Black churches team up to support migrants at Daley College

Samantha Chatman Image
Thursday, December 21, 2023
South Side churches team up to support migrants
Members of two prominent churches on Chicago's South Side spent Wednesday afternoon donating food and other essentials to asylum seekers.

CHICAGO (WLS) -- Members of two prominent Black churches on Chicago's South Side spent Wednesday afternoon donating food and other essentials to asylum seekers.

They hope to send a broader message to people in their community that supporting migrants in Chicago is the right thing to do.

Pastor Charlie Dates said the event is more than a food and toiletry giveaway. He said it is an opportunity for two predominantly-Black churches to show their brown brothers and sisters that they are not alone and will be cared for.

Volunteers from Salem and Progressive Baptist Churches came to Daley College, where dozens of migrants have been living. They passed out food, toiletries, coats, socks and more.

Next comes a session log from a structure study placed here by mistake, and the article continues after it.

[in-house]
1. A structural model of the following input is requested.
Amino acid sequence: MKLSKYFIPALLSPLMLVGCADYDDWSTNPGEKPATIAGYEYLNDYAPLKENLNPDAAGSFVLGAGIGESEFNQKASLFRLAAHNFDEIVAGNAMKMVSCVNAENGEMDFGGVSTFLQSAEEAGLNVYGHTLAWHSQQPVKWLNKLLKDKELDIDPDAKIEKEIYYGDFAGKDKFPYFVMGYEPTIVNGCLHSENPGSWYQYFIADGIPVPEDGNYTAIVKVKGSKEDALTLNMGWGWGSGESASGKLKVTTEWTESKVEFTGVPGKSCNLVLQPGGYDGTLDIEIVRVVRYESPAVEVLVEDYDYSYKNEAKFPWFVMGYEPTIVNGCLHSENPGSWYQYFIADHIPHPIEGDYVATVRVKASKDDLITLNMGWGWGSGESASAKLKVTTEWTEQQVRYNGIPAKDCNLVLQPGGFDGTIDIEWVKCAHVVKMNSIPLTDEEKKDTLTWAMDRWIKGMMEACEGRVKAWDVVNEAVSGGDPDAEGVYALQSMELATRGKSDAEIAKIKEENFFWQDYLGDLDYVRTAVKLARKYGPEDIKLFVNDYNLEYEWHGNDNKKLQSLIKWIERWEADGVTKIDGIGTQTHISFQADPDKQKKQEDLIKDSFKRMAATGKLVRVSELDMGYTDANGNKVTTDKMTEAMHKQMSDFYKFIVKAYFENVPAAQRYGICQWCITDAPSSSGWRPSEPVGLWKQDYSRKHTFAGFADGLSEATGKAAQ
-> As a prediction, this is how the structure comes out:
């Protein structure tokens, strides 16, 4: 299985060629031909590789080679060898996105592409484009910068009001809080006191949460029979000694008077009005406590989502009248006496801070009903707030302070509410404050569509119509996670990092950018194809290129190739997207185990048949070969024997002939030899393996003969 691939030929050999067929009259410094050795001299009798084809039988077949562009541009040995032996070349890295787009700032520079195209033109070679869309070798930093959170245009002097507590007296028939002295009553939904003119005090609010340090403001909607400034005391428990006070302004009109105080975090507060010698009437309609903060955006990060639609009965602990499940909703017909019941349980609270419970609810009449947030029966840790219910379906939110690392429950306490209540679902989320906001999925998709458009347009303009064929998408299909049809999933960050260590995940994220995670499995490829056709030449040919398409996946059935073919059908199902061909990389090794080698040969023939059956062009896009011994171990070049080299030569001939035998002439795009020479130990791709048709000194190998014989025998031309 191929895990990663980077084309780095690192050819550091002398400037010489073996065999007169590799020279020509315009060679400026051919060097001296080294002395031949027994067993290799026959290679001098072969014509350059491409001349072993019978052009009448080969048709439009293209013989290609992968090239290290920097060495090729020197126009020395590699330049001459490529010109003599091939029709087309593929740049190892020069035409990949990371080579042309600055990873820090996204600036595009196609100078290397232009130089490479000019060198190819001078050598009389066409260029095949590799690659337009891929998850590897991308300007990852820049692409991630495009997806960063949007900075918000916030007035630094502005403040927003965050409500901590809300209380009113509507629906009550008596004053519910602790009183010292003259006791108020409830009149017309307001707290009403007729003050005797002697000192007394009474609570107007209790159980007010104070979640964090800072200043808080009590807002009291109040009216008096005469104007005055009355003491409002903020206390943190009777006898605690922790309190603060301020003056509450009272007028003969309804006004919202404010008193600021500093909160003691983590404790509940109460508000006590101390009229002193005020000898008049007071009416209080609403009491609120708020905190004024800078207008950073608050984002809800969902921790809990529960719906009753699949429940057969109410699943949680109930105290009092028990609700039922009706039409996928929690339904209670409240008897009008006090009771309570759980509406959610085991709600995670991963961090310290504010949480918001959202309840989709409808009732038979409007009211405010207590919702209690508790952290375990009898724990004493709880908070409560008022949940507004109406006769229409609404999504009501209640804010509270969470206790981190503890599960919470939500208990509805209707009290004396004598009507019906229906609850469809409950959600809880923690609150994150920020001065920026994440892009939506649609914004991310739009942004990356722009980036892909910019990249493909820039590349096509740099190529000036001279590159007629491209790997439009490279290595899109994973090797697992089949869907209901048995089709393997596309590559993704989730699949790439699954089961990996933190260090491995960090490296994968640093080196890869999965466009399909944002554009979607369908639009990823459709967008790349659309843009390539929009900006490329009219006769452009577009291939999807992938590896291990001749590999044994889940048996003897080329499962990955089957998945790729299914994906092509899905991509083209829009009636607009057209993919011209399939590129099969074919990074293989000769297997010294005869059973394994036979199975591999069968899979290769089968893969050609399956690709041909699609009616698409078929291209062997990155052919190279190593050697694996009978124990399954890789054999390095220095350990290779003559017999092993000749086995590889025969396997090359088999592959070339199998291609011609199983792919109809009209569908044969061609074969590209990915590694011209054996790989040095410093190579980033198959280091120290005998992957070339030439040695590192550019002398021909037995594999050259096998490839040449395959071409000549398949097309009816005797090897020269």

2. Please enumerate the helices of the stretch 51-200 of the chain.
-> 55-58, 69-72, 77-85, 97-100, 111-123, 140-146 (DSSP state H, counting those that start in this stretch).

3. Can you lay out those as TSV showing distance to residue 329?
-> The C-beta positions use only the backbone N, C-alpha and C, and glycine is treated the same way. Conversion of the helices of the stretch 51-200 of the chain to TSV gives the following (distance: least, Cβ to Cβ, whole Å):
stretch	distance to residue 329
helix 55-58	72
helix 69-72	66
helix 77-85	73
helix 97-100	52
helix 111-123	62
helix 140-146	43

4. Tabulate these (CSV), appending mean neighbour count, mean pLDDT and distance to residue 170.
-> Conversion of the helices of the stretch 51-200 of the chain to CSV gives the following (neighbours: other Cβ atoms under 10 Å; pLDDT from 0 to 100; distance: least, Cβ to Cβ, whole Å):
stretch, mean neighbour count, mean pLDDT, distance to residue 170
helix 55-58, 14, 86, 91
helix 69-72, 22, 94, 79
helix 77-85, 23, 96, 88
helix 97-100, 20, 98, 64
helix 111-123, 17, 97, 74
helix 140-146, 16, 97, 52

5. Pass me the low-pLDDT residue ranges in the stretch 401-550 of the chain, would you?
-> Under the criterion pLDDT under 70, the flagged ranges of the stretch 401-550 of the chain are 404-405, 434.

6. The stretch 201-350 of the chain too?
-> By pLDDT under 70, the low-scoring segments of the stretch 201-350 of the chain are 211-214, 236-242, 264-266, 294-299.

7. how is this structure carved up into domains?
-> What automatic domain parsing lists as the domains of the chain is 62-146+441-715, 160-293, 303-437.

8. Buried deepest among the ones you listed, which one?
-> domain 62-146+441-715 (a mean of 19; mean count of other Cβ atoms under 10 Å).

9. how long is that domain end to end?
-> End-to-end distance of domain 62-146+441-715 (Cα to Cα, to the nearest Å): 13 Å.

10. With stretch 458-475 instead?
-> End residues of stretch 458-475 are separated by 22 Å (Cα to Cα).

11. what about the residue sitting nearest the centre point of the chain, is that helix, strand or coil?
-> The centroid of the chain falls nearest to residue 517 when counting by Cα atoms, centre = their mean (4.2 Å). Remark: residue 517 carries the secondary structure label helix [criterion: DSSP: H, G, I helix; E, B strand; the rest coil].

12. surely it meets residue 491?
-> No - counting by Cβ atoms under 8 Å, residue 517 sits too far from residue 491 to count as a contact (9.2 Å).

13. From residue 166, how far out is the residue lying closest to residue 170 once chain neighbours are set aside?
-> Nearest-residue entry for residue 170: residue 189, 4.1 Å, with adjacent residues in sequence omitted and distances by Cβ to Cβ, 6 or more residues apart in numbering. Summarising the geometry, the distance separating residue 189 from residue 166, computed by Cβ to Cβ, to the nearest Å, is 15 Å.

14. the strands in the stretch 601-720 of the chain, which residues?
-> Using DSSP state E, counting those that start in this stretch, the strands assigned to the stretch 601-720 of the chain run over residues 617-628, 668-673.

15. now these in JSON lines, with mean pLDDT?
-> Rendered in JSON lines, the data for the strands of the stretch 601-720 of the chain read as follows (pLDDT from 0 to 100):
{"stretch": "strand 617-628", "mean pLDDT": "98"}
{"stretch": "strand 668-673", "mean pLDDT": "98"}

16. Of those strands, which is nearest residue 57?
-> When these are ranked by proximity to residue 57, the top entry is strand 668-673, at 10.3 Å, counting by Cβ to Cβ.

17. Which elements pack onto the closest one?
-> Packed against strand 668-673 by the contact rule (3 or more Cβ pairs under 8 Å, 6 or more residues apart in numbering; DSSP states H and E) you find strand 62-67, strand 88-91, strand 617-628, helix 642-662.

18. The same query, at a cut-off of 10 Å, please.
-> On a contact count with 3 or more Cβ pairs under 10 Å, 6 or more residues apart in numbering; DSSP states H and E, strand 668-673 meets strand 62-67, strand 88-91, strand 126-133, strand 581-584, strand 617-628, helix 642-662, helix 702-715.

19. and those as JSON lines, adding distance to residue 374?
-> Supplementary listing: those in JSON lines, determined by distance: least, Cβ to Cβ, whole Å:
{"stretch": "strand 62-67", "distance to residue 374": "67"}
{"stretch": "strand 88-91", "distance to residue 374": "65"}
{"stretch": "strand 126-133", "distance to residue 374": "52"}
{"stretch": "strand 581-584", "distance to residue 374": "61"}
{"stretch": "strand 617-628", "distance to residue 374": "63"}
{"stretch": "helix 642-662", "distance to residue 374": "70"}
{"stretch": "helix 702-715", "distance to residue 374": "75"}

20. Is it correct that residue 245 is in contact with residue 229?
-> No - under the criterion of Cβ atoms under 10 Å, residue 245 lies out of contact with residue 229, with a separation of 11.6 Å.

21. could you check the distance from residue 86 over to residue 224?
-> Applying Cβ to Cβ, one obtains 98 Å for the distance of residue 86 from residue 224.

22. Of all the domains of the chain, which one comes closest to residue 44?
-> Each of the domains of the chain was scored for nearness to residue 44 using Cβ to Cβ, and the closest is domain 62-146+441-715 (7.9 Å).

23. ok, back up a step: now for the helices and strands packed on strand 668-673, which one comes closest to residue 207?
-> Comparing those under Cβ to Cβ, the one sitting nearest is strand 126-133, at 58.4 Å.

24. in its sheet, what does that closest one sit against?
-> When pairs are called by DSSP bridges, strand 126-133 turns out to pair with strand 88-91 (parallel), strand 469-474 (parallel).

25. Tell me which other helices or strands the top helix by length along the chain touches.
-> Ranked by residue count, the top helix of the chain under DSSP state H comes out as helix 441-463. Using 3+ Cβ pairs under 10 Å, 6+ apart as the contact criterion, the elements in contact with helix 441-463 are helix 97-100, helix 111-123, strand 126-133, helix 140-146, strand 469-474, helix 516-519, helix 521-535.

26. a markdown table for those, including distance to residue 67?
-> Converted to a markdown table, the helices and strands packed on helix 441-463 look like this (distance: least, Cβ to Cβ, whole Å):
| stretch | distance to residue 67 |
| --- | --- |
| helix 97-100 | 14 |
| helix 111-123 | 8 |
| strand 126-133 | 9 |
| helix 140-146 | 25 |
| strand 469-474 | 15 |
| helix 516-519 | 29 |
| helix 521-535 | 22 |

Dates is the head pastor of both churches. He has made it his mission to assist all Chicagoans, including migrants from Venezuela.

He wants to show the group of people that Black Chicagoans stand with them.

"Let's tell the truth, Black and brown people have a right and a reason to feel disenfranchised behind the enormous resources that are being poured into a new population," Dates said. "At the same time, those of us who are Christian see beyond our own personal need, and I think the is the most prophetic witness that Black and brown people have in America today, is to stay with other marginalized people."

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"This is their first time in America, and they need to hear from people who understand what it's like to live at the bottom," Dates said.

Ingrid Donado is from Venezuela. She gave birth to her daughter Diana seven days ago. She said she's thankful for the volunteers.

"First time, I get help from churches," Donado said. "I feel good and grateful."

Alex Merida traveled from Venezuela with her dog Mejan.

"We came from our country with nothing and arrived with nothing, so we are very thankful for the help," Merida said.

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"They're speaking to me in their mother tongue, language of gratitude and joy," Pastor Dates said. "If you could imagine yourself, your family, your children in this situation, then you'd appreciate what we're doing with our ministry here today."

Pastor Dates said this is just one of many efforts organized for migrants, and he looks forward to doing more events in the new year.

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